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Here's how your tax bracket will change in 2018

  • President Donald Trump signed the Republican tax bill into law at the end of December.
  • 2018 tax brackets have been changed under the new law.
  • There are still seven income tax brackets, but the ranges have been adjusted.
  • The personal exemption has been eliminated, and the standard deduction has been increased.

President Donald Trump signed the Republican tax bill into law at the end of December.

The new legislation makes sweeping changes to the tax code for businesses and, on average, American taxpayers.

Here’s how the new tax plan will change federal income tax brackets in 2018 compared with those in 2017.

First, for single filers:

2018 tax brackets for single filersSkye Gould/Business Insider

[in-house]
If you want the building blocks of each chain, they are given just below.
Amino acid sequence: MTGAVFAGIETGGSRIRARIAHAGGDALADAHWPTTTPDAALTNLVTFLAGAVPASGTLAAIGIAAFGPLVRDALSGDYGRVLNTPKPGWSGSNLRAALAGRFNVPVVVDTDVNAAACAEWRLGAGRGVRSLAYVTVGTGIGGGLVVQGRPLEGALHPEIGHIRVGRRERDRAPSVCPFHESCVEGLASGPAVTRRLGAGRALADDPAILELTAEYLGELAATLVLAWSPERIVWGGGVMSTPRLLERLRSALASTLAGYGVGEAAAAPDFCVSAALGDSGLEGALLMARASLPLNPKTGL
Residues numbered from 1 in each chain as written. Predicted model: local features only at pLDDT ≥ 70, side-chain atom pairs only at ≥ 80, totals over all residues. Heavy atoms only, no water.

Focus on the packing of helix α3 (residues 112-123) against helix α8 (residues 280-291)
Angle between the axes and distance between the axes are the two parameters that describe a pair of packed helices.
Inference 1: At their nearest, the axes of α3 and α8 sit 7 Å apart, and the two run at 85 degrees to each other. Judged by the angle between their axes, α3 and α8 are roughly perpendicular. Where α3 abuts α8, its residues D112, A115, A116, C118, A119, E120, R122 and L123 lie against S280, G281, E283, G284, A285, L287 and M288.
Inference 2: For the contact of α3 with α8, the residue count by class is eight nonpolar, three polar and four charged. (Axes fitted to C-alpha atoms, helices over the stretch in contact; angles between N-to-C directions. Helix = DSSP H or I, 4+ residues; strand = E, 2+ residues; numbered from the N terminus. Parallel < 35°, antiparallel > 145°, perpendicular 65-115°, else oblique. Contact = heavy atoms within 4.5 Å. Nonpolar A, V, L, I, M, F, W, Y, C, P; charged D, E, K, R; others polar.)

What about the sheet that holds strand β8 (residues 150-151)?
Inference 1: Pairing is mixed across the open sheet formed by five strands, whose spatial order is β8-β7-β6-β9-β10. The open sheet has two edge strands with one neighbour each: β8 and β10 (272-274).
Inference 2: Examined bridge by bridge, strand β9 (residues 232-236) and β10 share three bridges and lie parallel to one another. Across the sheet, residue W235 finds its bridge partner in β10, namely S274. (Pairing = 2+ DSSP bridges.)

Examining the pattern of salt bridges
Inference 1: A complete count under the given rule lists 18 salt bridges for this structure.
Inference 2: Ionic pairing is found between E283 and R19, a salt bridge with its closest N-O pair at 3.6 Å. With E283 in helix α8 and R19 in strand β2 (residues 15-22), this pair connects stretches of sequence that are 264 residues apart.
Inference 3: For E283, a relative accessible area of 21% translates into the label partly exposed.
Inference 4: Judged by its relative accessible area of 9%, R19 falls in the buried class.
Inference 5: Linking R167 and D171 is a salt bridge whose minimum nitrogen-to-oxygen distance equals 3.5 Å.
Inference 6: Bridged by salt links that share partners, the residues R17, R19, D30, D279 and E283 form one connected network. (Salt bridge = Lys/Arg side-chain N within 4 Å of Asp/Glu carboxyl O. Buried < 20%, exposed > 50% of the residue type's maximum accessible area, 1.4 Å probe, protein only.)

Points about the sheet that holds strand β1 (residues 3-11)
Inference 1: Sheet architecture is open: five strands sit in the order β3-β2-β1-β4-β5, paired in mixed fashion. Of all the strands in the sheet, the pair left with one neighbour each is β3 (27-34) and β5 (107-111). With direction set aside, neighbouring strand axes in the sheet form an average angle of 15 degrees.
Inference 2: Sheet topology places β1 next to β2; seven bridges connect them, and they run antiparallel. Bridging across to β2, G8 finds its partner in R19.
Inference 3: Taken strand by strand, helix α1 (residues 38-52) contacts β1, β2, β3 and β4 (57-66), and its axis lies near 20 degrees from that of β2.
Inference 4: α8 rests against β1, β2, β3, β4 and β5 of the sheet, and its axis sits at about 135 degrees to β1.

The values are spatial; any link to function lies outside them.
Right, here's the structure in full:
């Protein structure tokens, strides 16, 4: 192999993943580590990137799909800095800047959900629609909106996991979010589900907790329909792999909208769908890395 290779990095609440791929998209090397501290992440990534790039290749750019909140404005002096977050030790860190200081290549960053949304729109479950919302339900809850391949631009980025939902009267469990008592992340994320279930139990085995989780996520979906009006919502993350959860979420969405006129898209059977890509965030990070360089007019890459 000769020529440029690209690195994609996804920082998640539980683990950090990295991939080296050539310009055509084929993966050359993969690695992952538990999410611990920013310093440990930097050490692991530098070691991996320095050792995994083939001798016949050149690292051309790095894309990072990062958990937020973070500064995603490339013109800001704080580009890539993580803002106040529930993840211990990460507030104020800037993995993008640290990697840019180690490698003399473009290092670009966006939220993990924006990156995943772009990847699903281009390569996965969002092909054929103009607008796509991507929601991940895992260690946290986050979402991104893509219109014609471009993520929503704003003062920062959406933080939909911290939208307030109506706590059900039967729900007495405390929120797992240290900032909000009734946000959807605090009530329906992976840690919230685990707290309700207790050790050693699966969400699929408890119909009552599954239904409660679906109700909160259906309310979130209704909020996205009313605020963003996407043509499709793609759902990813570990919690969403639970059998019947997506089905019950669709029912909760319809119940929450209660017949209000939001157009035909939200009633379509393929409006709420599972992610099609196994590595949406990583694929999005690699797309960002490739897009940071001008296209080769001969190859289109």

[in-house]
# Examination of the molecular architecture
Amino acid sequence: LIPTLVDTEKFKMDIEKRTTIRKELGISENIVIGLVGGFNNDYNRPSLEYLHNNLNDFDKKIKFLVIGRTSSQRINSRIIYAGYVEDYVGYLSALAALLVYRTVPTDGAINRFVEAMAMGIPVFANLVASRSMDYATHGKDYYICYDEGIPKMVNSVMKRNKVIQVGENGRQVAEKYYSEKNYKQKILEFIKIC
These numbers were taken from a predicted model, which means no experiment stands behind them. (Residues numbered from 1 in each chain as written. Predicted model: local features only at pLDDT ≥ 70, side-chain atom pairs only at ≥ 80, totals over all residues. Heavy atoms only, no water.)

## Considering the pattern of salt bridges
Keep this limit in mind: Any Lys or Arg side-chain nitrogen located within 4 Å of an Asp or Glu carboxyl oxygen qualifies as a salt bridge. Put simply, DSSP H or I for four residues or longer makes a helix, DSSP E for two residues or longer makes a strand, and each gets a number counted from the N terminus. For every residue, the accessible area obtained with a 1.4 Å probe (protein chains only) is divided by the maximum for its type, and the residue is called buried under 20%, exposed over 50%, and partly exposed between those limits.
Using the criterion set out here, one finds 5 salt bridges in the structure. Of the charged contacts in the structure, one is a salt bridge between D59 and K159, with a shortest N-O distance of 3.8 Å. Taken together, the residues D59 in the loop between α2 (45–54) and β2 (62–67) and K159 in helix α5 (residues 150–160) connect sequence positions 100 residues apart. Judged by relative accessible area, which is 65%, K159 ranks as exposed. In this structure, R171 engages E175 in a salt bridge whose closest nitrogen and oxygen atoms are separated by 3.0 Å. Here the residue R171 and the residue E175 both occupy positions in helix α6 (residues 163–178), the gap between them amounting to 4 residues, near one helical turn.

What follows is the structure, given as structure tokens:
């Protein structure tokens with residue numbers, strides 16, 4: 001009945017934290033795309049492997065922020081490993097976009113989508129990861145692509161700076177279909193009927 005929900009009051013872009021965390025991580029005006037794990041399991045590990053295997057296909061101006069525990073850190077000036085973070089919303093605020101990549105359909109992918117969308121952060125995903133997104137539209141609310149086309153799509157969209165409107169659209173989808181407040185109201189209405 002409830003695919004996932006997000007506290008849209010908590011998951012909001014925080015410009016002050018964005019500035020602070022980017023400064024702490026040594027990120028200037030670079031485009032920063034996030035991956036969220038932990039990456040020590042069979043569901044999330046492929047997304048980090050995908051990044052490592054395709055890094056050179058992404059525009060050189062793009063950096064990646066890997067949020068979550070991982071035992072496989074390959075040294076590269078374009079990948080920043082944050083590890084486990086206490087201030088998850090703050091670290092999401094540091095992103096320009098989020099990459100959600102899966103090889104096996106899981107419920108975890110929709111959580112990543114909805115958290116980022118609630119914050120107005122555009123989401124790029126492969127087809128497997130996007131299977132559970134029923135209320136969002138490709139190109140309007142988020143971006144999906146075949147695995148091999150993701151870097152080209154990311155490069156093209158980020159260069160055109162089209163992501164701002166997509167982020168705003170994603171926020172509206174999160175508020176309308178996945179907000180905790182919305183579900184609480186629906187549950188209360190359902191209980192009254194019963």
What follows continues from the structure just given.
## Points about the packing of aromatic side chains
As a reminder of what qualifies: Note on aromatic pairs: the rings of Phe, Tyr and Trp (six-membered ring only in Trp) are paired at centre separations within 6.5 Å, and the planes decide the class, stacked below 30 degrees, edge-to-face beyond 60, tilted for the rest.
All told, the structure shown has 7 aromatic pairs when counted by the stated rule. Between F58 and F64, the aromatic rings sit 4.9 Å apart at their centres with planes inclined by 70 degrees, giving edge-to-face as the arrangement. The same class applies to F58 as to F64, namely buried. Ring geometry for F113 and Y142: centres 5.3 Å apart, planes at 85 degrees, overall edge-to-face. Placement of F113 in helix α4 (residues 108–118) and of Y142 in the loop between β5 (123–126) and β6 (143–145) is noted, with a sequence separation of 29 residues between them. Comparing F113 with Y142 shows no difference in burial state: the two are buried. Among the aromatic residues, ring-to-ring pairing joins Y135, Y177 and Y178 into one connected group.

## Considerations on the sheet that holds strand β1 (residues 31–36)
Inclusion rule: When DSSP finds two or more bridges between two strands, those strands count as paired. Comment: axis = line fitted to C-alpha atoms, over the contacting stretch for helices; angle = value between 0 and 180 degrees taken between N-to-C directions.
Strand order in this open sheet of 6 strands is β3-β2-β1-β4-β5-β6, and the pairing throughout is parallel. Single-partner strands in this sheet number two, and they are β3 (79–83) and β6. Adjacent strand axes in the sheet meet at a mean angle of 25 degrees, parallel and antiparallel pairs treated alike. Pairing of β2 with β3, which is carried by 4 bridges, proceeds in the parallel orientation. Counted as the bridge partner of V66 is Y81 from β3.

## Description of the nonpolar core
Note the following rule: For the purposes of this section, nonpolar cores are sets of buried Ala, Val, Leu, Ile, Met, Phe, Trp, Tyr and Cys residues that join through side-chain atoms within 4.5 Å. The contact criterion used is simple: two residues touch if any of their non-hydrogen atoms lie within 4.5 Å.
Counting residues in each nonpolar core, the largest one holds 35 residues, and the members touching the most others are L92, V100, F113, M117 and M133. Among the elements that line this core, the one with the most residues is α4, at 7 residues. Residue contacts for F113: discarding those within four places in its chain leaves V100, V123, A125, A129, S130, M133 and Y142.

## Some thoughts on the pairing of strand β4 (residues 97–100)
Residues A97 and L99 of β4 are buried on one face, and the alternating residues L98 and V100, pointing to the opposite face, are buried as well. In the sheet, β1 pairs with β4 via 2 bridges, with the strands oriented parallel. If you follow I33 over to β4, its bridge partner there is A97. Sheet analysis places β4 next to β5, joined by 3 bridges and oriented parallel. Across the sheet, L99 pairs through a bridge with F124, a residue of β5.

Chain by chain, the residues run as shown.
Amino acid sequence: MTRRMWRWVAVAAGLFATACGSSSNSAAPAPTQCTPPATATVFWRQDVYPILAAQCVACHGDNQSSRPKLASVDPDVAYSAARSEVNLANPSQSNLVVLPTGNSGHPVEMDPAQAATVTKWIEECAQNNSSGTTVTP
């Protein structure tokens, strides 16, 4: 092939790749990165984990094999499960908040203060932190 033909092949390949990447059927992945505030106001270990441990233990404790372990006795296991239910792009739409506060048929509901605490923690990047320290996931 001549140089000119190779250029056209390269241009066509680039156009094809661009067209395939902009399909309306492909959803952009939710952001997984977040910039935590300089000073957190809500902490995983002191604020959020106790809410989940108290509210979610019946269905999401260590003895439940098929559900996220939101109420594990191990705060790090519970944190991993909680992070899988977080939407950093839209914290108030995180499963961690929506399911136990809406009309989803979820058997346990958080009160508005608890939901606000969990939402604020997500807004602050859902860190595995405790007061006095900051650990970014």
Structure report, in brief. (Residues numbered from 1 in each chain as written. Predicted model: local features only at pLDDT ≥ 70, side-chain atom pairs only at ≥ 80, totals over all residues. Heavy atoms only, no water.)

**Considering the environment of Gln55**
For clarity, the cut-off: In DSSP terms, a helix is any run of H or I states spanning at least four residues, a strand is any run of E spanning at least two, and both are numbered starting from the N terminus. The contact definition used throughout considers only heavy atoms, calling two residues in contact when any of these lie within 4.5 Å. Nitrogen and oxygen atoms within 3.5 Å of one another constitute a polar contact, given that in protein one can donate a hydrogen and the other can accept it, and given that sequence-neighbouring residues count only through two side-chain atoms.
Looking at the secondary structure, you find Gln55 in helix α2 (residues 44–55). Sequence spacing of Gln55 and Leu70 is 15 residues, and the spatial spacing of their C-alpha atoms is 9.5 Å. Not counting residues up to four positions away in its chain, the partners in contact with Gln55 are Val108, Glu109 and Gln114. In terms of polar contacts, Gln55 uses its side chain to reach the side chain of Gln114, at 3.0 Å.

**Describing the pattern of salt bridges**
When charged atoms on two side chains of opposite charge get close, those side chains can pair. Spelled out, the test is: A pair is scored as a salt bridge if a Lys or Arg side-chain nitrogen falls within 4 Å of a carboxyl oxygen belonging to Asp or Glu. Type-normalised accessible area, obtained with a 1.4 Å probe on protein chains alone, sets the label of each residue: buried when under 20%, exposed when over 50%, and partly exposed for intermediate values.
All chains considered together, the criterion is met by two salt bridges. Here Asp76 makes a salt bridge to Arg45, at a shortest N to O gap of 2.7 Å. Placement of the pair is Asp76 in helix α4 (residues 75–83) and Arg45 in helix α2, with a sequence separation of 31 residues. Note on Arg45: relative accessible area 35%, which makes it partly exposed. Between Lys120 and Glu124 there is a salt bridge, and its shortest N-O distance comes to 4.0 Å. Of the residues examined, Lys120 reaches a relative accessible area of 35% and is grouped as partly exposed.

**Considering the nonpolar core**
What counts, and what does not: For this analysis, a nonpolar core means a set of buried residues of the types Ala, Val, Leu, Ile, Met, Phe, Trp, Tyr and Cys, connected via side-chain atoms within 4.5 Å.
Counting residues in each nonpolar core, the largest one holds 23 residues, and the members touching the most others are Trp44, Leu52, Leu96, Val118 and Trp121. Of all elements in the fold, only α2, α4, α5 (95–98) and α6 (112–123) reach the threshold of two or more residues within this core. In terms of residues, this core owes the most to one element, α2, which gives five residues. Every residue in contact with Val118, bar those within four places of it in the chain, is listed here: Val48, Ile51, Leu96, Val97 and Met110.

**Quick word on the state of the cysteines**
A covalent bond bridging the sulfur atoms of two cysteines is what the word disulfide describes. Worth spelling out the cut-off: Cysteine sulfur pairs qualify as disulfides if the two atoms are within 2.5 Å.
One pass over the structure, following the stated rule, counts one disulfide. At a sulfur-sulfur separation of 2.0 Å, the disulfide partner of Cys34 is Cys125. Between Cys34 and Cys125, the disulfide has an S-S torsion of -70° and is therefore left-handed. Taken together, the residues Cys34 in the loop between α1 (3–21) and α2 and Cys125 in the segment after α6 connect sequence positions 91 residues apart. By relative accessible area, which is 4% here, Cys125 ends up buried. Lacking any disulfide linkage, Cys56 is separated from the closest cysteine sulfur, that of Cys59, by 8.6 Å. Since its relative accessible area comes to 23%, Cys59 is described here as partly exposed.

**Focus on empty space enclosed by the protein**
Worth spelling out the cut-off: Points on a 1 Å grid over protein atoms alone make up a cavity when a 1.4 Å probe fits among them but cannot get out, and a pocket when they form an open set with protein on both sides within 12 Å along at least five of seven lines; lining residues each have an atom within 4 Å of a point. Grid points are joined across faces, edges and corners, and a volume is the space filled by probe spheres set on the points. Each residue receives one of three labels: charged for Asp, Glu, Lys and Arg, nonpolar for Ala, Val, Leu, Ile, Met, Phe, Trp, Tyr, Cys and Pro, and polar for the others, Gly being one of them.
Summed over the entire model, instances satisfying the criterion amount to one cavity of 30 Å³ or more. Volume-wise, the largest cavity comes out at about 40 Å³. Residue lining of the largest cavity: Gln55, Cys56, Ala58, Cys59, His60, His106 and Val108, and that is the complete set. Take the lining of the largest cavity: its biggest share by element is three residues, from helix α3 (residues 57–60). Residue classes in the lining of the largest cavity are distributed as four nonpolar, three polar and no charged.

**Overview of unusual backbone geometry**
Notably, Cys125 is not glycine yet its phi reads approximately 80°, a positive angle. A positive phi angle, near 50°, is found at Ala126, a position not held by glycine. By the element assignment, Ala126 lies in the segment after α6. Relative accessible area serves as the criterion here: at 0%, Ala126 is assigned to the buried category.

• 10%: $US0 to $US9,525 of taxable income for an individual
  • 12%: $US9,526 to $US38,700
  • 22%: $US38,701 to $US82,500
  • 24%: $US82,501 to $US157,500
  • 32%: $US157,501 to $US200,000
  • 35%: $US200,001 to $US500,000
  • 37%: over $US500,001

And second, for joint filers:

2018 tax brackets for married filersSkye Gould/Business Insider
  • 10%: $US0 to $US19,050 for married joint filers
  • 12%: $US19,051 to $US77,400
  • 22%: $US77,401 to $US165,000
  • 24%: $US165,001 to $US315,000
  • 32%: $US315,001 to $US400,000
  • 35%: $US400,001 to $US600,000
  • 37%: Over $US600,000

There are still seven federal income tax brackets – but at slightly lower rates and adjusted income ranges.

About 70% of Americans claim the standard deduction when filing their taxes, and their paychecks will almost certainly increase – albeit slightly.

In 2017, the standard deduction for a single taxpayer was $US6,350, plus one personal exemption of $US4,050.

The new law combines those into one larger standard deduction for 2018: $US12,000 for single filers and $US24,000 for joint filers.

Elena Holodny contributed to an earlier version of this post.

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